My fear for Battir

On 28 December I received a WhatsApp group message that made my heart sink. It included a link to an article from the Middle East Eye about an incident that occurred in Battir, in the Palestinian Occupied Territories, just after midnight on Christmas Eve: a time likely chosen in full awareness that many of the Palestinian residents – both Muslim and Christian – would be celebrating.


When I had decided I would visit Palestine in October 2018, it was because I wanted to change my feelings about the place. As the daughter of a Palestinian mother who was born in Haifa and lived there until 1948, after the Partition of Palestine and the creation of Israel, any thoughts or news of Palestine had always left me feeling either rage or deep sadness, mixed with a strong sense of impotence.

I wanted to allow myself to feel other emotions that were less polarised. I hoped that going to Palestine would give me more of a sense of the people and the rich culture of that ancient place. Having grown up in England, I spoke no Arabic. Nor had I ever touched Palestinian soil. I wanted to hear people say ‘yalla’ in the way that my mother did, hear the call to prayer, see the streets, churches and mosques, discover how Palestinians experience their daily lives under occupation, taste more of the food – of course! – and maybe even pick an olive or two.

I did all that and more. Organised by Amos Trust, a UK charity, the tour gave me experiences that were amazing, moving and also confronting. I saw the Separation Wall, visited the Banksy hotel and museum, heard stories directly from Palestinians about living under occupation, and experienced their generous hospitality and food. Palestinian food is delicious, plentiful and hugely significant as a means of sharing friendship and sustain family gatherings.

One of the most moving experiences of the trip was meeting Hassan and Vivien, two co-workers who live in Battir. They warmly welcomed us to the village, showed us around the terraces, and gave us a sumptuous meal in the evening before we returned to our hotel in Bethlehem.

Battir is a village of some five thousand Palestinians that lies between Jerusalem and Bethlehem, in the Occupied Territories. Its steep landscape was long ago turned into arable farming and olive-tree planting, using some of the oldest known agricultural practices in the world. These unique characteristics earned Battir a listing by UNESCO as World Heritage Site in 2014. The village was also included in the List of World Heritage in Danger, due to Israeli Defense Ministry plans to build the Separation Wall through the village. As a result, these plans were dropped.

Now, two months after my visit, I was crying into my morning tea as I read how – in the early hours of Christmas Eve – armed Jewish settlers had set up camp on the hills of Battir and started building the structure for a settlement, with the clear intention of displacing the Palestinian villagers and with the support of the Israeli military.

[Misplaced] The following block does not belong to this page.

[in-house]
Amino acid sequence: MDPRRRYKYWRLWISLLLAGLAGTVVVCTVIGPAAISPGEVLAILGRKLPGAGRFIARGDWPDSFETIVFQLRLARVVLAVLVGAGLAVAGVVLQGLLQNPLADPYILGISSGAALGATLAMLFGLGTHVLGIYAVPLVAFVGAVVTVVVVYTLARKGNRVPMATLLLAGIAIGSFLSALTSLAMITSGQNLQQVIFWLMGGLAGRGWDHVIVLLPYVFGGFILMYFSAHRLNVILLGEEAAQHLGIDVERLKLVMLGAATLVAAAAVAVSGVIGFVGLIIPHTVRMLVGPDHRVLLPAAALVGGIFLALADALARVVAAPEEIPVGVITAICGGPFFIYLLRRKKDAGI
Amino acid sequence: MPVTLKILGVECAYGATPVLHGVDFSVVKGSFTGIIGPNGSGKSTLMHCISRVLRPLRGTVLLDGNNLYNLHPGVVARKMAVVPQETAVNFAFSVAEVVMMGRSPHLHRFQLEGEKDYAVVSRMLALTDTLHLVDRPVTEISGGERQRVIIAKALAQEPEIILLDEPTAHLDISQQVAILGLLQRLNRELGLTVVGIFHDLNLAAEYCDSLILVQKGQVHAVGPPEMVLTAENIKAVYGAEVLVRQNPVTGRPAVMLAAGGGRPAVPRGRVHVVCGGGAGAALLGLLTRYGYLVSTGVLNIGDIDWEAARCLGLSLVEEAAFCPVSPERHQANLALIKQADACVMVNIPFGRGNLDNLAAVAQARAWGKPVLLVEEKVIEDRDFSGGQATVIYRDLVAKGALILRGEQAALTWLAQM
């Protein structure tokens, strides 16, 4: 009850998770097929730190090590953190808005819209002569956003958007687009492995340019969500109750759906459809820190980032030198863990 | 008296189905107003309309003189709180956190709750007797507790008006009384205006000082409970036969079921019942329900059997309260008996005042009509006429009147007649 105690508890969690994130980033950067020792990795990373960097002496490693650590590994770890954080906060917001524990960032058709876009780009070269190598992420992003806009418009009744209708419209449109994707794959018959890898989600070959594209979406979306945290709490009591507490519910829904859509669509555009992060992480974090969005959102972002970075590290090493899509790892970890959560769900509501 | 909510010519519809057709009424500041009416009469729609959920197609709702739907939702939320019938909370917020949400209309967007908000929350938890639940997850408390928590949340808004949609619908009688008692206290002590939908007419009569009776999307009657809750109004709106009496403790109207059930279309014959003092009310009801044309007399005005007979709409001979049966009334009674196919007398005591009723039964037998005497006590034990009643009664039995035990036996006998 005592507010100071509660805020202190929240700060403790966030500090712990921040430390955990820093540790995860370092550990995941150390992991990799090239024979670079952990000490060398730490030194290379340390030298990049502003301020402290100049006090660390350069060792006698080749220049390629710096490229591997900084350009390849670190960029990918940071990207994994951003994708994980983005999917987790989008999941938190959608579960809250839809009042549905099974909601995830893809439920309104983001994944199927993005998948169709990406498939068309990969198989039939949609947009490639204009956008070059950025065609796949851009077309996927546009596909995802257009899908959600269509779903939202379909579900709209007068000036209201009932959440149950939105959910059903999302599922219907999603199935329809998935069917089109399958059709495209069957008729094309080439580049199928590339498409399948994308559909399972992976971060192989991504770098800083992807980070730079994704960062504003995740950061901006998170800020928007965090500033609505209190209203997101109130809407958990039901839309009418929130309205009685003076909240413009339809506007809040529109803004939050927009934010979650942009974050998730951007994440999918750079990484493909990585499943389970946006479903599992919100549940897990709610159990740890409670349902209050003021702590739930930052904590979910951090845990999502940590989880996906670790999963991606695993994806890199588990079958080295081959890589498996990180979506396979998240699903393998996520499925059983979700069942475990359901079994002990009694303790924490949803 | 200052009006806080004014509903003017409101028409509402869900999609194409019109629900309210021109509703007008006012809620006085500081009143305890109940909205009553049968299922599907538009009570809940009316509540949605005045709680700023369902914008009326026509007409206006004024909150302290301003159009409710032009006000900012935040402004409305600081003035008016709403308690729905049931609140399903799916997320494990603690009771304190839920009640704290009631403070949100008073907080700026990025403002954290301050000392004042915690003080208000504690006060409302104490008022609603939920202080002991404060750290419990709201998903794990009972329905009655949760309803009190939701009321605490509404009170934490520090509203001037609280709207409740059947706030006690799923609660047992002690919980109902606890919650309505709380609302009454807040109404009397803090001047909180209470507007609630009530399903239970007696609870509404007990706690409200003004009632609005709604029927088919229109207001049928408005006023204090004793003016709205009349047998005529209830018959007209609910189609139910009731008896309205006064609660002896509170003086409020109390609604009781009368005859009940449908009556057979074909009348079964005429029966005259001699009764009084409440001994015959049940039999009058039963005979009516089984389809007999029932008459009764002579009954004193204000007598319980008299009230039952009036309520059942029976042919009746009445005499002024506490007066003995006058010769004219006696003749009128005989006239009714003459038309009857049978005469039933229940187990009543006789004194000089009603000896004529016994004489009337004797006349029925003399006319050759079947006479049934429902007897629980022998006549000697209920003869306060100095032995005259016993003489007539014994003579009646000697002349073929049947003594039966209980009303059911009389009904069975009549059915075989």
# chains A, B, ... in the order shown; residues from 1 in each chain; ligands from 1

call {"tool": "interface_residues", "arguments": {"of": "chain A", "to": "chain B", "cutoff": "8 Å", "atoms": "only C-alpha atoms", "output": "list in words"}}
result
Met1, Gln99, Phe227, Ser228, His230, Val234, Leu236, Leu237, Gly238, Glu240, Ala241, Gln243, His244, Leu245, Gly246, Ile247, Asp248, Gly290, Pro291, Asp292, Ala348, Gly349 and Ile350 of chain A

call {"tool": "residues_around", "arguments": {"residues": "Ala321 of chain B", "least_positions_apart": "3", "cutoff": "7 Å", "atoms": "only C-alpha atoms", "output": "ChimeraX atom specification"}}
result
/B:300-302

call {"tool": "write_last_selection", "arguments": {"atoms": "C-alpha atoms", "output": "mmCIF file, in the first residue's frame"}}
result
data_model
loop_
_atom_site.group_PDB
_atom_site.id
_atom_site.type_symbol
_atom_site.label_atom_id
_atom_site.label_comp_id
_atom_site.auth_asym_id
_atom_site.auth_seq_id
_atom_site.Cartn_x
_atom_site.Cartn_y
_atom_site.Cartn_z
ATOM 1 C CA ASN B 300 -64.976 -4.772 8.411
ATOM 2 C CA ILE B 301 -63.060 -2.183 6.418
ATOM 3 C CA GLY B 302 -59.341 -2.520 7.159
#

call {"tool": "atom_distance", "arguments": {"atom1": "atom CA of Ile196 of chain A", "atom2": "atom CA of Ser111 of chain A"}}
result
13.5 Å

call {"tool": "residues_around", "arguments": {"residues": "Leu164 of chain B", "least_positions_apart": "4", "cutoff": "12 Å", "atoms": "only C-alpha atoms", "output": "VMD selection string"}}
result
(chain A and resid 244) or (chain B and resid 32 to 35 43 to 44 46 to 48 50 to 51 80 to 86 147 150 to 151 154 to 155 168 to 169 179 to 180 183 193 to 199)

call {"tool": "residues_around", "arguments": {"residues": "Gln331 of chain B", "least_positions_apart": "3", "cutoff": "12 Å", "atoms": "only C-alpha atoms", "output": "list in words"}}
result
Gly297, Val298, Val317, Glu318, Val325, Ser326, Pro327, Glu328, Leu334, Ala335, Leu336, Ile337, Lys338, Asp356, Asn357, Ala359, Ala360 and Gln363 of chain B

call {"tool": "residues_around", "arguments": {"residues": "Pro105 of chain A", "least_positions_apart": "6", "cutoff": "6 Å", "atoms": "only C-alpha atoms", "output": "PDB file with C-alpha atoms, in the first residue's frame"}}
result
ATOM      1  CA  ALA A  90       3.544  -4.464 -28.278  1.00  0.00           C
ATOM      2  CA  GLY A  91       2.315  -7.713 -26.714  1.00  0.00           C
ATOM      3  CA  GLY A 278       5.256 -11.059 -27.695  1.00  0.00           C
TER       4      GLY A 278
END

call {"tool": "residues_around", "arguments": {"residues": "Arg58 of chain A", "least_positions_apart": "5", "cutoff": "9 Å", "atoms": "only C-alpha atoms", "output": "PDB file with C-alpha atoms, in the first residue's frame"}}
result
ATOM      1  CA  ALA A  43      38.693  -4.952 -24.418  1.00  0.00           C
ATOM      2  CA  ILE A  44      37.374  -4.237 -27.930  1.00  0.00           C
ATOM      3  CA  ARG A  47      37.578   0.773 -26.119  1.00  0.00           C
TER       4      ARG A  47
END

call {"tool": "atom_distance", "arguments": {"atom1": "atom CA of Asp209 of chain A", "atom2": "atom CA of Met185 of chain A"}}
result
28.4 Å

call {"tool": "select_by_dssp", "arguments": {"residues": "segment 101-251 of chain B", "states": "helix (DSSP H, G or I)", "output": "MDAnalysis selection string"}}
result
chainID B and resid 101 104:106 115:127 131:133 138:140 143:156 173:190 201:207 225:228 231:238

The villagers stood on the surrounding hills and watched in shock, not daring to approach the settlers for fear of being shot at. It was their worst nightmare. They began to phone around, seeking help from both Palestinian and Israeli lawyers, officials, human rights groups and activists. As a result of these efforts, in the afternoon the settlers were made to dismantle their camp and leave the area.

The fear among the villagers is that the settlers will return – indeed, they shouted as much as they left. Like so many residents of the villages in the West Bank, the people of Battir live under Israeli occupation and the constant threat of seeing their homes demolished. Their fear, and mine, is that next time the settlers arrive, Battir may not be protected, despite its World Heritage status, and despite the world voicing – albeit in a quiet voice, certainly not a very loud one – the illegality of the West Bank settlements.

I fear for Hassan and Vivien and all the villagers and farmers who have worked so hard to maintain Battir’s terraces as a community-based enterprise of which they are rightly proud. The events of Christmas Eve also touch that place in me that fears for the survival of Palestine and my mother’s homeland.



Image: World Monuments Fund

Nadine Littledale

Nadine is of British/Palestinian heritage and resides in Brisbane. She is a retired psychotherapist and an emerging writer of literary fiction.

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  1. What a beautifully written story. The tragedy of Palestine comes into focus when we are able to concentrate on a family within a small community known to the writer. I cannot imagine how it would feel to fear for your homeland and count my blessings daily.

  2. A profoundly moving story sadly not uncommon for the Palestinians who live in daily fear of the demolishment of their homes by the Israelis and the uprooting of their way of life. This is a subject that should be aired more in the world media.

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